Food Safety
Food Safety

1. Q. With all of the talk and public hysteria about "safe" food, rat-killing pesticides and poisoned food, I was surprised to see your column about "Natural Versus Organic Foods". Did you get a lot of "hate" mail?

A. Not one single letter or telephone call -- obviously unbiased truth generates no complaints. In this age of mass media sensationalism and half-truths, Extension professionals must present the facts, even with the risk of condemnation. Half-cocked, sensational attacks on commercial food production such as the Alar apple fiasco can and will destroy America's agricultural producers and will dearly cost the public in the long run. The public rarely is aware of the hysteria retraction, i.e., when the scare mongers find out that they were wrong. A good example is the cyclamate horror story. Did you know that when the U.S. Dept. of HEW pulled the rug on cyclamates about 20 years ago because it was believed to cause cancer in rats, the California canning industry found itself unable to sell over 5 million cases of canned fruit that was packed with the low calorie sweetener?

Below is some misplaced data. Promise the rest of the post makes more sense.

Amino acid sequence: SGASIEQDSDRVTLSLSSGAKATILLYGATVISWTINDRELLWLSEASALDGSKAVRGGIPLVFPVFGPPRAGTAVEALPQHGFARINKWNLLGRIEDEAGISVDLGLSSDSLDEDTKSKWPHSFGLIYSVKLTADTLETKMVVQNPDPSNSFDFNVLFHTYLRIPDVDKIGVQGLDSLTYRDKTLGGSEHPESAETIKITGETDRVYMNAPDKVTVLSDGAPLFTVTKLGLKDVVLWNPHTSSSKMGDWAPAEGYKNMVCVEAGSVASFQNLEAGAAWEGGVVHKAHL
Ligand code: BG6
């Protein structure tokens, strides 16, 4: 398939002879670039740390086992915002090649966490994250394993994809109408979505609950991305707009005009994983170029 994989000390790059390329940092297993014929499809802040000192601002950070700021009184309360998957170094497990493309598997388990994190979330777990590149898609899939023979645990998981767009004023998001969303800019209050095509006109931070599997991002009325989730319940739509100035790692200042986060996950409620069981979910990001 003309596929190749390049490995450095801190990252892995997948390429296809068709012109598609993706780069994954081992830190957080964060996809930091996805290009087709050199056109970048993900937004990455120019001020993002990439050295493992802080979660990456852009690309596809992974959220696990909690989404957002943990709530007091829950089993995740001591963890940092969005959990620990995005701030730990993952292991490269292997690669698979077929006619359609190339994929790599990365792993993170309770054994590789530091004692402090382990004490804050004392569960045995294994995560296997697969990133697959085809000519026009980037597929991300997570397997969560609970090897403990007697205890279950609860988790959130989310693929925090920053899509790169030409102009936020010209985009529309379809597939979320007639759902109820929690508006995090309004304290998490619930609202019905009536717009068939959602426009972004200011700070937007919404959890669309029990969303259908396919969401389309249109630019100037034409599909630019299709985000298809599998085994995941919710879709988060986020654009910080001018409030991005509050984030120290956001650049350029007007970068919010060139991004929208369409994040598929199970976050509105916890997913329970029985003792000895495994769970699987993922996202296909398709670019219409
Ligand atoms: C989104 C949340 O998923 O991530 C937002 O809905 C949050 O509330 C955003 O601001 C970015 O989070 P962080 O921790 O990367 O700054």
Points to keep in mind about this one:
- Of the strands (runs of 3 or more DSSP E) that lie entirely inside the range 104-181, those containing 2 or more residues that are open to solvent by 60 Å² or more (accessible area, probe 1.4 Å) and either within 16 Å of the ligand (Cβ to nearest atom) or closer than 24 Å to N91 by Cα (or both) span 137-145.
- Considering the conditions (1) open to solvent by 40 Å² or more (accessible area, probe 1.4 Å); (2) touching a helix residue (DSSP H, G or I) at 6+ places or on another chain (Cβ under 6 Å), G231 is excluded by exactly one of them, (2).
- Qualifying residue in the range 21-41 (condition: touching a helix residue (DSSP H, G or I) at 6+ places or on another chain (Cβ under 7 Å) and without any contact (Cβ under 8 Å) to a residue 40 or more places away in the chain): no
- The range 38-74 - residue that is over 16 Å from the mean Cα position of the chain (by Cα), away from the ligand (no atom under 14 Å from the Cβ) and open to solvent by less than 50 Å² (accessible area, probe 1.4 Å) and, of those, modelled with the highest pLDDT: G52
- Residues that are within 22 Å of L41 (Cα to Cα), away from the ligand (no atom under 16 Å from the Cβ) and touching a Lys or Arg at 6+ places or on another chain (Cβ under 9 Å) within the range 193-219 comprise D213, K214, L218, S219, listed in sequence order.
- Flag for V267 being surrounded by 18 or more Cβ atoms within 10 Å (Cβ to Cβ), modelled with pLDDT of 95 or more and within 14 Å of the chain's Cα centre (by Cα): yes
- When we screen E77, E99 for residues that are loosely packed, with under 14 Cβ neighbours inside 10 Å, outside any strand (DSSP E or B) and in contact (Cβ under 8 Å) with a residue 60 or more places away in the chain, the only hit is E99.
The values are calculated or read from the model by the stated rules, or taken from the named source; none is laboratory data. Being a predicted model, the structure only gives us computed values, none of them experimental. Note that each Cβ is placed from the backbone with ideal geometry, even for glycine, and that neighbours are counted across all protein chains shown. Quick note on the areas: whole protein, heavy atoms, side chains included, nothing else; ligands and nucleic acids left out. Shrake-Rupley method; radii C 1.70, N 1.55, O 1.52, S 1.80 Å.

Several years later the U.S. Court of Claims recommended that the now defunct California Canner & Growers Coop., a major producer of cyclamate canned fruits, be awarded $6.39 million in damages to settle a claim against the Federal Government filed years before. This money was never paid to the company, nor to hundreds of growers who were devastated by this unnecessary attack on the artificial sweetener.

Ultimately, the damage to the entire food industry was estimated in excess of $100 million and food companies were faced with the dilemma and added cost of disposing of this perfectly wholesome food. One boat load of cyclamate products destined for people starving in Bangladesh was commanded to turn about and return to the U.S. so that the food product could be dumped.

FDA is soon expected to approve the use of cyclamates in food. After dozens of long-term cancer studies, more than 70 experiments looking for genetic damage, and hundreds of other toxicological studies, data has shown that the product is, in fact, safe. The matter was taken out of the hands of scientists and handled by attorneys. "It is just politics", a retired researcher at the National Cancer Institute said. "Once the decision was made, no one wanted to reverse it. It would have meant a loss of face."

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